March, 2021

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Issue #138

Welcome, Western Fans!

Looking for free, tantalizing Tales of the Old West?
You're at the right place.


Read this month's Tales and vote for your favorite.
They'll appear in upcoming print volumes of The Best of Frontier Tales Anthologies!

Abby's Gold
by Larry Flewin
Abby's dream of a ranch of her own is in trouble. She can't pay the taxes and greedy land baron Sullivan wants to buy her out. Joined in her fight by handsome drifter Colt McCord, is he the answer to her prayers and her heart?

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Drifting West
by David Jobe
Ambushed by outlaws, an old prospector lay dying by the trail, interrupting my trip to California. And when the prospector told me of his hidden gold, the hope of finding it overcame better judgment. Following his direction seemed a easy thing to do, but the outlaws were also searching.

* * *

Husk Knoll
by Jason Crager
Frank Reno and his gang of outlaws have just pulled off the most successful train robbery in history, taking JM&I Railroad for close to a hundred thousand dollars and getting away with the law hot on their heels. Only this time, they may have more enemies than they expect.

* * *

The Turncoat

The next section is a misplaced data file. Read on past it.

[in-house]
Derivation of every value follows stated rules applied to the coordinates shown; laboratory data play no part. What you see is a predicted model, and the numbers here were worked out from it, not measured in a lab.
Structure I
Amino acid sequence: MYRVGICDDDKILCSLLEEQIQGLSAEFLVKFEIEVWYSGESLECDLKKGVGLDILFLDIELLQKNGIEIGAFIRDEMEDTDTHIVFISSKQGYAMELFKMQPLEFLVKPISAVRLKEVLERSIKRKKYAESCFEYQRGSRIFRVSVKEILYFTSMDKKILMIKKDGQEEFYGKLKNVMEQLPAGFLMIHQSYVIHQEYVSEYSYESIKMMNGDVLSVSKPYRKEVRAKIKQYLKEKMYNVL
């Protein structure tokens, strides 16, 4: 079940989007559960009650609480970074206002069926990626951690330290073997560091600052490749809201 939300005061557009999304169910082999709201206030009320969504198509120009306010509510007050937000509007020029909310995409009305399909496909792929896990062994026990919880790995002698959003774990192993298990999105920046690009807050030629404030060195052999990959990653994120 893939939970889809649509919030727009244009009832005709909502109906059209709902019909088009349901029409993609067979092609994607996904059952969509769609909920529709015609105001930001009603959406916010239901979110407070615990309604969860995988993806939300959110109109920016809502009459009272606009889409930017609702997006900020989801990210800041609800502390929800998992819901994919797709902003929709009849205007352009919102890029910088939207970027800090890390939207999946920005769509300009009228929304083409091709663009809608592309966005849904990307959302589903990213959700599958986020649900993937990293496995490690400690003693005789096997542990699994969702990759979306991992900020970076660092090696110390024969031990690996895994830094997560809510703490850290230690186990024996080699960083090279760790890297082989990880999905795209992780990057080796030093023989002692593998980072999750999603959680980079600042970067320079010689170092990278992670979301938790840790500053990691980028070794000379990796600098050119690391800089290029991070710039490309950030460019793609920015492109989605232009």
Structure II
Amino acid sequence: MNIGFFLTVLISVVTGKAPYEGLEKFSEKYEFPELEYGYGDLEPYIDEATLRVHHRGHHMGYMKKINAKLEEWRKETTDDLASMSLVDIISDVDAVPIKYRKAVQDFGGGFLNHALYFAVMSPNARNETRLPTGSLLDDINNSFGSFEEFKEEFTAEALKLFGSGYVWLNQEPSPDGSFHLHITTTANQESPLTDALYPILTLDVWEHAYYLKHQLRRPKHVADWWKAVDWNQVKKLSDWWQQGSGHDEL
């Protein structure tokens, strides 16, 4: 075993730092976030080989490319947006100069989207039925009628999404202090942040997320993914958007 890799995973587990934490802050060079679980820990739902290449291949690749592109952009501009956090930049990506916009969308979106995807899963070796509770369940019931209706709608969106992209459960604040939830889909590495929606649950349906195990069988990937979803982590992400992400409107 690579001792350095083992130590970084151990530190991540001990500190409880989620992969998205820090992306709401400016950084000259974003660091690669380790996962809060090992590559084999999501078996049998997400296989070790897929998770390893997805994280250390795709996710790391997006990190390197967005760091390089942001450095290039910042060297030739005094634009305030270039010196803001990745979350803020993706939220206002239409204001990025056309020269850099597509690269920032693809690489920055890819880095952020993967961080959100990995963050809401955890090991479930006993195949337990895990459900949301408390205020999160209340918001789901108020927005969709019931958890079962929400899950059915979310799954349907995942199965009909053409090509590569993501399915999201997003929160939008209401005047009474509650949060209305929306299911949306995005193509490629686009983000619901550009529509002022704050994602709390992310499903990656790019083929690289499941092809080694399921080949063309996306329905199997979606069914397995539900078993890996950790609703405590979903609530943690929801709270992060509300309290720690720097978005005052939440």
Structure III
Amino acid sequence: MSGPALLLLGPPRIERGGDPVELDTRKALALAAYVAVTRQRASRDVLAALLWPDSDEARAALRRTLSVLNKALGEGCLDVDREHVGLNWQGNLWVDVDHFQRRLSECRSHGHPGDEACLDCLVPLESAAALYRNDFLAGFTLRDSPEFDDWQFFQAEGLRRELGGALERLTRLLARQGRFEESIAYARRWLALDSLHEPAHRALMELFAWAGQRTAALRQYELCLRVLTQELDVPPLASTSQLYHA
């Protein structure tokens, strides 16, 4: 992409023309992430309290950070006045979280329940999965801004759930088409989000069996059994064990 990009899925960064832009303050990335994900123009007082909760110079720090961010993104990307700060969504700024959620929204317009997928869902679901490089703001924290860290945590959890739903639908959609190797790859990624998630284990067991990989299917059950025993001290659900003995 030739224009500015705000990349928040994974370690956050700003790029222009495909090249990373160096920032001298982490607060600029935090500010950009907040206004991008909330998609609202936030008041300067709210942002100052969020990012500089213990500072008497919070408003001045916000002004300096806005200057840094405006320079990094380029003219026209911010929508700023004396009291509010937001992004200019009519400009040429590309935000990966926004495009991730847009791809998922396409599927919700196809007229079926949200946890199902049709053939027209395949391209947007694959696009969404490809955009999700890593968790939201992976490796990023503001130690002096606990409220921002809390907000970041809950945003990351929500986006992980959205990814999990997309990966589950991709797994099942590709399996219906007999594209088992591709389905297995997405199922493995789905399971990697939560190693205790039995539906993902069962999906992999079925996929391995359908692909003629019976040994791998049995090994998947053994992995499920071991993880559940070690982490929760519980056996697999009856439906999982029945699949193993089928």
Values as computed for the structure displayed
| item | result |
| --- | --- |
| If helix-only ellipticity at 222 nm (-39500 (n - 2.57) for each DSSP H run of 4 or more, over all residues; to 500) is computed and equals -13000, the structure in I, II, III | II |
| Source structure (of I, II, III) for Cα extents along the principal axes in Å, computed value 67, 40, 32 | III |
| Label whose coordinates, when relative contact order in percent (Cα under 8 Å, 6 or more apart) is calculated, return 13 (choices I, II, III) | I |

by Gabriel Stevenson
Ma was Indian, but Reid was raised by his white pa—until he was captured by Comanches. They taught him to be a warrior, but now he's grown and scouting for the cavalry as they close in on Victorio's Apaches. Now Reid will have to decide where his loyalties lie.

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by Diana Richter
Molly's kindness to a badly wounded Apache may have saved his life. But when he disappears, she feels betrayed. Her son Jaime returns home with a tale of a horrible massacre that triggers an act of revenge Molly must accept in heartbreaking solitude.

* * *

by Kelley J. P. Lindberg
Pearl understood that the young reporter with his ridiculous tie flapping in the wind wanted to write a story about women living out here in the west. There just wasn't a lot to say. Was there?

* * *

Want all of this month's Western stories at once? Click here –

All the Tales

Drifting West
by David Jobe

I reined the black horse at the crest of a low hill. I removed my hat and wiped my forehead with a handkerchief as I looked around at the terrain before me. I'm headed due west into a country of red dirt and bluff rocks jutting from the ground, some a hundred feet or more. This is a dry and lonely land, born of fire and blazing sun.

It's the summer of 1870, and for the last year, I'd been drifting south and west out of Wyoming, doing odd jobs. I'm headed to California to see the ocean. Some say it's a mighty pretty sight. But right now I need work. The twenty dollars in my pocket won't go far, especially in a California town like San Francisco. I need to earn or win a stake. I'm a top hand with cattle, and I've ridden for some of the big brands, but since the war, I've been a drifting man. Now, I'm a young man, not big, but tall with broad shoulders and a slim waist, dark wavy hair and blue eyes. Some might even say handsome.